Eight years later, with 680 alliances valued at $9 billion in combined resources, USAID has learned many valuable lessons about how government aid agencies can get the most out of their alliances with private sector partners. We found that we must not only remove barriers to cross-sector cooperation - including low risk tolerance, excessive bureaucracy, and narrow notions of possible partners but we must also create the right incentives for building alliances. As other government aid agencies increasingly rely on nontraditional partners to stimulate economies, alleviate poverty, preserve the environment, and protect human rights, they may learn much from USAlD's experiences.

GOVERNMENTS ENGAGE NEW ACTORS

Over the past 25 years, diree seismic shifts have encouraged government aid agencies to join forces with corporations and NGOs. …

The rest of this article is only available to active members of Questia

Sign up now for a free, 1-day trial and receive full access to:

  • Questia's entire collection
  • Automatic bibliography creation
  • More helpful research tools like notes, citations, and highlights
  • Ad-free environment

Already a member? Log in now.

Notes for this article

Add a new note
If you are trying to select text to create highlights or citations, remember that you must now click or tap on the first word, and then click or tap on the last word.
One moment ...
Default project is now your active project.
Project items

Items saved from this article

This article has been saved
Highlights (0)
Some of your highlights are legacy items.

Highlights saved before July 30, 2012 will not be displayed on their respective source pages.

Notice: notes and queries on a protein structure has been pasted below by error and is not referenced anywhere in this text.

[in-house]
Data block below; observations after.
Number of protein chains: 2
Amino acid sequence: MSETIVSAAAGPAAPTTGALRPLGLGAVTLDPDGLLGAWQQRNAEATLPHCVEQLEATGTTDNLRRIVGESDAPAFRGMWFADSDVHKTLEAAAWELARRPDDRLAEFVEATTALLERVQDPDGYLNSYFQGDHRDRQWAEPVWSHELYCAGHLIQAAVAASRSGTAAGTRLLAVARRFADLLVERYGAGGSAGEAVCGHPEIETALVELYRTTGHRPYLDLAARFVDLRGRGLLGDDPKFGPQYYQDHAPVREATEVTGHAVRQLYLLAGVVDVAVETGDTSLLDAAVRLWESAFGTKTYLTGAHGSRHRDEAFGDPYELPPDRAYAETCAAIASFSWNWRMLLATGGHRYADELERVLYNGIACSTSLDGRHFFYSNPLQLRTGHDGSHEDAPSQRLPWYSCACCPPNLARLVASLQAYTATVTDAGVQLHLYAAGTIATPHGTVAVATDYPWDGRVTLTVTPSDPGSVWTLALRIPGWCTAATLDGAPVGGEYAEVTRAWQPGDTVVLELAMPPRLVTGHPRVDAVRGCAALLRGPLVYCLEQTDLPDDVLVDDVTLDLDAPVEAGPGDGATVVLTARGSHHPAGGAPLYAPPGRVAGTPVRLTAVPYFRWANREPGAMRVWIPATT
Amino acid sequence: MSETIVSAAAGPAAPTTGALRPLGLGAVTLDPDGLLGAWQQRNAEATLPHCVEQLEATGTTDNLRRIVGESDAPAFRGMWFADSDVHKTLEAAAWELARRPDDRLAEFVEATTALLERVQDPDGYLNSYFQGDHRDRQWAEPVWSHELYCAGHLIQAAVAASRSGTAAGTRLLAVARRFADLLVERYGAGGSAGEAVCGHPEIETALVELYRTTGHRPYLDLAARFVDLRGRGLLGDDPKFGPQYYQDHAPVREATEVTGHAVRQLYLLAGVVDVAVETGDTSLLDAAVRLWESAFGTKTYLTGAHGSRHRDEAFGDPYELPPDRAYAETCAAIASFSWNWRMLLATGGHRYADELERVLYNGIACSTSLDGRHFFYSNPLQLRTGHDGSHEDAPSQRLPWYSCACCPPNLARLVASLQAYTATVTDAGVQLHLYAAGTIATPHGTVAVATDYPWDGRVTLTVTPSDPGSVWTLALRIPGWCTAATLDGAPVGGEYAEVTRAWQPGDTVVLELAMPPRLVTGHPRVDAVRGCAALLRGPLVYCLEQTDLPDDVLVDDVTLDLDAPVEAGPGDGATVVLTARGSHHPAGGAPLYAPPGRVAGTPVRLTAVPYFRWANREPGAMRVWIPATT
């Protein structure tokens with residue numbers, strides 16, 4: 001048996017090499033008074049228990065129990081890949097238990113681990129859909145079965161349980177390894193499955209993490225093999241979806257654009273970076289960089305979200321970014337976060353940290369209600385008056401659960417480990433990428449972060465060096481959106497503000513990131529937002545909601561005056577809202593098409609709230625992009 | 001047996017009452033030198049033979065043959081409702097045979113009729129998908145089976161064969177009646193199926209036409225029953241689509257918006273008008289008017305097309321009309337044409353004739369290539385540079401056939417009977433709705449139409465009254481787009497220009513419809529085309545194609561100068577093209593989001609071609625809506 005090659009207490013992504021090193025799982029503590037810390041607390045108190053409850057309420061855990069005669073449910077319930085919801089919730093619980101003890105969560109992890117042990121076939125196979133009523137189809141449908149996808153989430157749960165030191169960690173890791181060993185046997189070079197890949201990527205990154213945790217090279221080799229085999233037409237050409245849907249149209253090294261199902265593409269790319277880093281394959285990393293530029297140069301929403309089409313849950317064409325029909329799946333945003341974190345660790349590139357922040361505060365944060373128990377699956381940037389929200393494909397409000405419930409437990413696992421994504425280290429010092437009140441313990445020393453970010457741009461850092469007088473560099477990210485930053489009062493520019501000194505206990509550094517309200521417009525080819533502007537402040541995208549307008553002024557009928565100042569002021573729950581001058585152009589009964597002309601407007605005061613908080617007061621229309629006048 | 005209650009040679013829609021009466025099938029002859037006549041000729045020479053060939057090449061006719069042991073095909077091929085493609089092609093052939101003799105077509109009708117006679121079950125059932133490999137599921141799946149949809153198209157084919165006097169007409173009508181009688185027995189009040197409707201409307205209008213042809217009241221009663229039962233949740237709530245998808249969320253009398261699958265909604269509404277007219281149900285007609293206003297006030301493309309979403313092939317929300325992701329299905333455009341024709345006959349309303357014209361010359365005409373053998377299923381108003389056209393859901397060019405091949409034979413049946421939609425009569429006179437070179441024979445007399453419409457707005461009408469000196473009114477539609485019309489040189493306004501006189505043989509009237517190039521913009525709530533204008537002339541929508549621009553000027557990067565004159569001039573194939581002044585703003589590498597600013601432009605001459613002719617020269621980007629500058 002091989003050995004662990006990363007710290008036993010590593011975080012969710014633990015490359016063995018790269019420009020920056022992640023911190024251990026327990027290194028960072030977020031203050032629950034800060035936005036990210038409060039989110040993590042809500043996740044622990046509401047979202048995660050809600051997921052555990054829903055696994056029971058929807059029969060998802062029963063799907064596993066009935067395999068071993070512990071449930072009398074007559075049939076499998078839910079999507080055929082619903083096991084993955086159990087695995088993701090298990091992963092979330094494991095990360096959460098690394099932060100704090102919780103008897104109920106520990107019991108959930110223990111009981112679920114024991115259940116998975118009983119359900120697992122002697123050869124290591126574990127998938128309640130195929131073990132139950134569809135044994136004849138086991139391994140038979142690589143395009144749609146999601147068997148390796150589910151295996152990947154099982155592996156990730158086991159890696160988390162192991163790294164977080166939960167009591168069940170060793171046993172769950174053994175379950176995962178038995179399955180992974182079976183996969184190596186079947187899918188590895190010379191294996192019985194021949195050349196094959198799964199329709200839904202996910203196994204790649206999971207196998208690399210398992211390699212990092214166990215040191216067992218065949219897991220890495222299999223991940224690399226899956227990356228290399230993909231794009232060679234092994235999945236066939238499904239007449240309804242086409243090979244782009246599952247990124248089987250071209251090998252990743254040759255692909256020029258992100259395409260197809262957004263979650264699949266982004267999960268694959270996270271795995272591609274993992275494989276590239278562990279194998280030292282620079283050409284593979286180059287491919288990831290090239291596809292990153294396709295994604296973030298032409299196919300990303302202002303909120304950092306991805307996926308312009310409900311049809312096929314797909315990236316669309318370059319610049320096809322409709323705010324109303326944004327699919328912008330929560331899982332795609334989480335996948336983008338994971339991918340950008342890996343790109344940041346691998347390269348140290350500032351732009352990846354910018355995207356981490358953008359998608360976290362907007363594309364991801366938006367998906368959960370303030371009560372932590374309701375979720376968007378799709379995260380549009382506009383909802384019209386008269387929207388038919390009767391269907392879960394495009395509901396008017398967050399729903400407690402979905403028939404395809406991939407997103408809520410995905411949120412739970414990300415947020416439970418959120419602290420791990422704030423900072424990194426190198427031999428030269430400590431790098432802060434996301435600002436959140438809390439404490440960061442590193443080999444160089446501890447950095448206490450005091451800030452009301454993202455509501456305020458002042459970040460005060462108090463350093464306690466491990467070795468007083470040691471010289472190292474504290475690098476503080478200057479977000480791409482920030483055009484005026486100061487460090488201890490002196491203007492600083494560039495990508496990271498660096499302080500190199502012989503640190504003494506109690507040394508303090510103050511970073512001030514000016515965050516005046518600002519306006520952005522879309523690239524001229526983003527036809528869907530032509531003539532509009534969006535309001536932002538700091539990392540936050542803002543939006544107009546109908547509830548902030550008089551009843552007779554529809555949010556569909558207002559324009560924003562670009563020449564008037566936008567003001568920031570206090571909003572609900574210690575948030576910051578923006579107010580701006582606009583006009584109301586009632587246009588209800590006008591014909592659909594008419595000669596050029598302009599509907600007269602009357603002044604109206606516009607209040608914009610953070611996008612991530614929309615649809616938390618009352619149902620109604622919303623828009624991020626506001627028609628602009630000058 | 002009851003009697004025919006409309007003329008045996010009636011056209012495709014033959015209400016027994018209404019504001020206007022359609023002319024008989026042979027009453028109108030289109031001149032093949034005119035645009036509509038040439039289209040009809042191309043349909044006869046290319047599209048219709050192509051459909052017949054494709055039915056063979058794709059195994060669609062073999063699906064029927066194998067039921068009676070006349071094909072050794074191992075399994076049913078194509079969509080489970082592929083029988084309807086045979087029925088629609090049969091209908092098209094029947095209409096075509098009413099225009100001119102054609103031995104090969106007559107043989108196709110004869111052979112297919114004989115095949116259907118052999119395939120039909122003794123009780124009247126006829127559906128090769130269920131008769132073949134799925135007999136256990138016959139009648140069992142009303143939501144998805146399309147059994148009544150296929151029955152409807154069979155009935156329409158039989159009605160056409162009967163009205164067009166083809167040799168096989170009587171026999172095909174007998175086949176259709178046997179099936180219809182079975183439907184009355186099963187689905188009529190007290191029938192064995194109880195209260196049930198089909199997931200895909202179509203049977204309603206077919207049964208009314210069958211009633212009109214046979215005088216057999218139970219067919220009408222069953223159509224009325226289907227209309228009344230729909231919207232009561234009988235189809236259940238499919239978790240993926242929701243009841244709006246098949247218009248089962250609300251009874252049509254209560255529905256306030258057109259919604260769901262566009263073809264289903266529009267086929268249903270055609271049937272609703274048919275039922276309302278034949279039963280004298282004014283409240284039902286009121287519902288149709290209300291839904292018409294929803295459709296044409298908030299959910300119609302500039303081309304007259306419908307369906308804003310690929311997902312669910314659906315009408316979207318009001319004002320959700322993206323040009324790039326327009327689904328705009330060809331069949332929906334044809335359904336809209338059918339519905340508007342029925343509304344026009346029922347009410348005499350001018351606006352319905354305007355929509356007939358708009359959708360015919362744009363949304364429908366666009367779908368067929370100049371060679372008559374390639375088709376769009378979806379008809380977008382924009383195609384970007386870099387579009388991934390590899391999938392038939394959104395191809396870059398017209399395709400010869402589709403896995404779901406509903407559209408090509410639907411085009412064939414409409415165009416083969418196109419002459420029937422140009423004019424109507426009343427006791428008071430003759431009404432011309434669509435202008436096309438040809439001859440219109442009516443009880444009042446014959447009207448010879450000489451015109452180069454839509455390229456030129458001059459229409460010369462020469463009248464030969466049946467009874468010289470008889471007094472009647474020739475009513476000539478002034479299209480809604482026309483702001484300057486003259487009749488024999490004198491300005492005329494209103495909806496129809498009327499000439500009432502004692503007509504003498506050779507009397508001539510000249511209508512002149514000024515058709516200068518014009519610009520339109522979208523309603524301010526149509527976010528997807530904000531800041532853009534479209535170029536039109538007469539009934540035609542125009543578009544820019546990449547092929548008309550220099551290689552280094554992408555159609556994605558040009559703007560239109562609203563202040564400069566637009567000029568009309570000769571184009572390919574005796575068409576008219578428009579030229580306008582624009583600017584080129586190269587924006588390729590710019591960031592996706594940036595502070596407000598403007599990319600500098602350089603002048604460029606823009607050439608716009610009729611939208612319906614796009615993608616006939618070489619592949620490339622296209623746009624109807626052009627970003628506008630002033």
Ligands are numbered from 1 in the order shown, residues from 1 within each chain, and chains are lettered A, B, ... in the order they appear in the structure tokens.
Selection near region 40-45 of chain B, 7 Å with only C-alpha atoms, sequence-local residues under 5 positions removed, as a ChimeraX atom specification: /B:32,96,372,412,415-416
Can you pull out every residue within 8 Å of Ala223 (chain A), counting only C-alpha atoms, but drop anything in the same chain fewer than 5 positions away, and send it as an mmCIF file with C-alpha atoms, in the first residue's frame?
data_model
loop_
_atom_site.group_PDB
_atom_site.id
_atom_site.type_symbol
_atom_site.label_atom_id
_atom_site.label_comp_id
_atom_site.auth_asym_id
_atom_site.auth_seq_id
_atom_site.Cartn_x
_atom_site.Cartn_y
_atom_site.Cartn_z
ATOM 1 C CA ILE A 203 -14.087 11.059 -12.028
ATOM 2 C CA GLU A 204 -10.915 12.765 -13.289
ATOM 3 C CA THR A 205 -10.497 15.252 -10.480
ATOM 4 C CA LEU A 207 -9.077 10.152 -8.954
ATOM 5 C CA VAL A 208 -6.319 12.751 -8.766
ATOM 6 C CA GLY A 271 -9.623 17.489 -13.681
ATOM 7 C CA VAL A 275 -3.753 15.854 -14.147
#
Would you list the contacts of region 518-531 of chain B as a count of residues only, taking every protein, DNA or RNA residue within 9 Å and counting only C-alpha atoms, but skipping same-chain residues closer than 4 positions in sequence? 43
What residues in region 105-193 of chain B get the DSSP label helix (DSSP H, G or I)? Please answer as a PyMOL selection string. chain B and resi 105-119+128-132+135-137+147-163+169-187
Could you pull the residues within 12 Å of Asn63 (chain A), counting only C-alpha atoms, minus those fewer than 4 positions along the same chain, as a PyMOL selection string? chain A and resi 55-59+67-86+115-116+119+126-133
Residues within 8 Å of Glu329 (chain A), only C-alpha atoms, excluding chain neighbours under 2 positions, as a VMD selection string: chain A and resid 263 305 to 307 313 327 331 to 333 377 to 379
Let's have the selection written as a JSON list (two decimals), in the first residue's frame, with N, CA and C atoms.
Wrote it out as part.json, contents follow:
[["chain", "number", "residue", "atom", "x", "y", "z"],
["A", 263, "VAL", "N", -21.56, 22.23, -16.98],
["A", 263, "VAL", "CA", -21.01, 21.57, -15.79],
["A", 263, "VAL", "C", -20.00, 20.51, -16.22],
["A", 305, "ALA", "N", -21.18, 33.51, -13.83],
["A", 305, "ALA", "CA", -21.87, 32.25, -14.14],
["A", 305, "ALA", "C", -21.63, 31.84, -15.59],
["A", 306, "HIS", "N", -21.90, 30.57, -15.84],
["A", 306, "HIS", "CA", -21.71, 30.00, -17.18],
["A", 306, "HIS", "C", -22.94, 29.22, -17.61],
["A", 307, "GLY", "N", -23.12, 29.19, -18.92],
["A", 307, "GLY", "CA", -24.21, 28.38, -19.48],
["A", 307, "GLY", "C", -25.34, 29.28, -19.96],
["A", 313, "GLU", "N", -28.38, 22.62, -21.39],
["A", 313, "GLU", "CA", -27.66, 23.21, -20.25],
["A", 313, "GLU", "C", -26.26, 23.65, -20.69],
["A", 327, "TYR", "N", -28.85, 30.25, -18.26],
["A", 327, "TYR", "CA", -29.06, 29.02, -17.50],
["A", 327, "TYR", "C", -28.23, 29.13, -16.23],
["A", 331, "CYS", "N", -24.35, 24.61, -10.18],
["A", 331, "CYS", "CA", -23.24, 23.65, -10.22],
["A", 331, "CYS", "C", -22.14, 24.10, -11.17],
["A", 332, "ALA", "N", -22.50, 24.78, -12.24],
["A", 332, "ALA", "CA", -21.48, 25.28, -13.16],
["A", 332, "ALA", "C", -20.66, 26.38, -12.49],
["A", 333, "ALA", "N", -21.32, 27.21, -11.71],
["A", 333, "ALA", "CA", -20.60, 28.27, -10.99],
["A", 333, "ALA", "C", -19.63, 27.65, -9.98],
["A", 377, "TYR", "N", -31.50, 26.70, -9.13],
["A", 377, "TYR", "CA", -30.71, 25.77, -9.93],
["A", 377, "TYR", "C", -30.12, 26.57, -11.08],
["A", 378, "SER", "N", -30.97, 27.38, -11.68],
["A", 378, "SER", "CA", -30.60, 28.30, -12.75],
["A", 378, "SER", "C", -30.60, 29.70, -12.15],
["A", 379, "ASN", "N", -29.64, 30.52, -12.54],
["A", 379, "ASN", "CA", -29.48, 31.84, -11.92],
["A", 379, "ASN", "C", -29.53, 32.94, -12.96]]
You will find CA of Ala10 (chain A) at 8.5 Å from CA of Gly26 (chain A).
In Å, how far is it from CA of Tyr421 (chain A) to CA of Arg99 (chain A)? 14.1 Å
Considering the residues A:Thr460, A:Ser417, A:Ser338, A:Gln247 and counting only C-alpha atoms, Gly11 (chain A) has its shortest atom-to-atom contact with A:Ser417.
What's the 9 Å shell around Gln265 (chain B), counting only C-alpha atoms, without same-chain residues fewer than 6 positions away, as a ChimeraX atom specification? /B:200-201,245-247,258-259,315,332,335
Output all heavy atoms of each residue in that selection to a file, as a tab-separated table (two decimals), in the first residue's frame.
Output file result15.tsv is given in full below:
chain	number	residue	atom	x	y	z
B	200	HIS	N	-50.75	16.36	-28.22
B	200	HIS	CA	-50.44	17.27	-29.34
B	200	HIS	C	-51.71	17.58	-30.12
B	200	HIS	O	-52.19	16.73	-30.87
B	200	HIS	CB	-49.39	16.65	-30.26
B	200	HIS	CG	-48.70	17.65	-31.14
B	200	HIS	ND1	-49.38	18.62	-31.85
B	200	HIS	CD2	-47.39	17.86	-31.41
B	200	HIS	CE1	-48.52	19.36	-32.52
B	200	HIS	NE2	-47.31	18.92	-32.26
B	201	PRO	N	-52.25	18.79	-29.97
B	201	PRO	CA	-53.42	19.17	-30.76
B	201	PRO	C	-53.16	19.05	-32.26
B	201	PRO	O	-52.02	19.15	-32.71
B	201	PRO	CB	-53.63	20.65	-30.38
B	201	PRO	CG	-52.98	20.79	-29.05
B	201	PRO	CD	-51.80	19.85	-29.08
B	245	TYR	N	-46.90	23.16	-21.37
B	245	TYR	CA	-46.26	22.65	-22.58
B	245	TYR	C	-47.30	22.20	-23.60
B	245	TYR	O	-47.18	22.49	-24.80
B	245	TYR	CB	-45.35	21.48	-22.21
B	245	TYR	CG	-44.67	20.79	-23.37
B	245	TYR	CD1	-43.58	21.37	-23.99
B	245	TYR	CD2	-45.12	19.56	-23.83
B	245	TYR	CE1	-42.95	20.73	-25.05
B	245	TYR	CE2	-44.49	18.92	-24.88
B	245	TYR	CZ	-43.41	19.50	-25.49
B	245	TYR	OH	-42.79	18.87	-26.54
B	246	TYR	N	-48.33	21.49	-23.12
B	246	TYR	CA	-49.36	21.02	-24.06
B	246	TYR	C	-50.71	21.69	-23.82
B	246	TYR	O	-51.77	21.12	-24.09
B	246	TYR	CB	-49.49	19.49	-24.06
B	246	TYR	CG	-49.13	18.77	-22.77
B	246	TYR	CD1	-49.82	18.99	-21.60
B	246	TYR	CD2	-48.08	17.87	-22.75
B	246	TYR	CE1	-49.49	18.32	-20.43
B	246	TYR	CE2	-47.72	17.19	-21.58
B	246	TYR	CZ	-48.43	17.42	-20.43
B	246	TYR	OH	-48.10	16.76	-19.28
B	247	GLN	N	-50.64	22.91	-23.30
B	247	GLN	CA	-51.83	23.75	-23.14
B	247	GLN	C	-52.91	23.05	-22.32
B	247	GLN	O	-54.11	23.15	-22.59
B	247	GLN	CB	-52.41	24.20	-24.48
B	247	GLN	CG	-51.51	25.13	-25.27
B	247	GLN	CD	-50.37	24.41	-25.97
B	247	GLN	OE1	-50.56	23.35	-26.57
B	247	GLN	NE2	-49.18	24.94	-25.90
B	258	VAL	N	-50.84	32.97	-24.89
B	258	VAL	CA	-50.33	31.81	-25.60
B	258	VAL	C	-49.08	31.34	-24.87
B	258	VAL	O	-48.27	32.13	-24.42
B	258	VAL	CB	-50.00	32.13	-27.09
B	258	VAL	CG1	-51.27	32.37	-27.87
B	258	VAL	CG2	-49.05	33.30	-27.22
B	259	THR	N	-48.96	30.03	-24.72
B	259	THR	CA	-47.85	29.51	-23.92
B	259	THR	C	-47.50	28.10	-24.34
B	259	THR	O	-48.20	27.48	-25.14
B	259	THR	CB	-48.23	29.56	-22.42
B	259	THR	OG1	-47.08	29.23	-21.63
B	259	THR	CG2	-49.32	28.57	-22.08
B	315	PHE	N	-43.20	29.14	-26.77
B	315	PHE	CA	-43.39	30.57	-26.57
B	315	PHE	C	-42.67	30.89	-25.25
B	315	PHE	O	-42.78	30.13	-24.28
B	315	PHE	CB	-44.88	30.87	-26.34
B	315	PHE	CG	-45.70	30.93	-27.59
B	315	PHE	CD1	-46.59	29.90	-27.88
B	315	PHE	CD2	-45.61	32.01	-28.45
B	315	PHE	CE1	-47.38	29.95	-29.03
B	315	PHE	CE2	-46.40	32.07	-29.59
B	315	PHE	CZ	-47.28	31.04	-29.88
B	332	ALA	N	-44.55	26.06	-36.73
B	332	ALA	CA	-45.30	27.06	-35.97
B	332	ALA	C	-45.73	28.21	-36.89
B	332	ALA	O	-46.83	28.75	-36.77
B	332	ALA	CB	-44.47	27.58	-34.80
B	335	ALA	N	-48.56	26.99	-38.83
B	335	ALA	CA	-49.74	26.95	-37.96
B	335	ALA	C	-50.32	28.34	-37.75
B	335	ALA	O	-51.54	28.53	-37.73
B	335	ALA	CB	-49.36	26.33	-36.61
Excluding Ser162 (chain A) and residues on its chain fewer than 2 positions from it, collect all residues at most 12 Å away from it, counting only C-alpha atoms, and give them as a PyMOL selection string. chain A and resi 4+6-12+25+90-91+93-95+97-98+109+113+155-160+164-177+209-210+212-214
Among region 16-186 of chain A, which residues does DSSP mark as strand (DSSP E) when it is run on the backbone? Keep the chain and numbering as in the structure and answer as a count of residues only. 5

You can easily re-create the highlights by opening the book page or article, selecting the text, and clicking “Highlight.”

Citations (0)
Some of your citations are legacy items.

Any citation created before July 30, 2012 will labeled as a “Cited page.” New citations will be saved as cited passages, pages or articles.

We also added the ability to view new citations from your projects or the book or article where you created them.

Notes (0)
Bookmarks (0)

You have no saved items from this article

Project items include:
  • Saved book/article
  • Highlights
  • Quotes/citations
  • Notes
  • Bookmarks
Notes
Cite this article

Cited article

Style
Citations are available only to our active members.
Sign up now to cite pages or passages in MLA, APA and Chicago citation styles.

(Einhorn, 1992, p. 25)

(Einhorn 25)

1

1. Lois J. Einhorn, Abraham Lincoln, the Orator: Penetrating the Lincoln Legend (Westport, CT: Greenwood Press, 1992), 25, http://www.questia.com/read/27419298.

Cited article

Public/Private Alliances Transform Aid
Settings

Settings

Typeface
Text size Smaller Larger Reset View mode
Search within

Search within this article

Look up

Look up a word

  • Dictionary
  • Thesaurus
Please submit a word or phrase above.
Print this page

Print this page

Why can't I print more than one page at a time?

Full screen

matching results for page

Cited passage

Style
Citations are available only to our active members.
Sign up now to cite pages or passages in MLA, APA and Chicago citation styles.

"Portraying himself as an honest, ordinary person helped Lincoln identify with his audiences." (Einhorn, 1992, p. 25).

"Portraying himself as an honest, ordinary person helped Lincoln identify with his audiences." (Einhorn 25)

"Portraying himself as an honest, ordinary person helped Lincoln identify with his audiences."1

1. Lois J. Einhorn, Abraham Lincoln, the Orator: Penetrating the Lincoln Legend (Westport, CT: Greenwood Press, 1992), 25, http://www.questia.com/read/27419298.

Cited passage

Thanks for trying Questia!

Please continue trying out our research tools, but please note, full functionality is available only to our active members.

Your work will be lost once you leave this Web page.

For full access in an ad-free environment, sign up now for a FREE, 1-day trial.

Already a member? Log in now.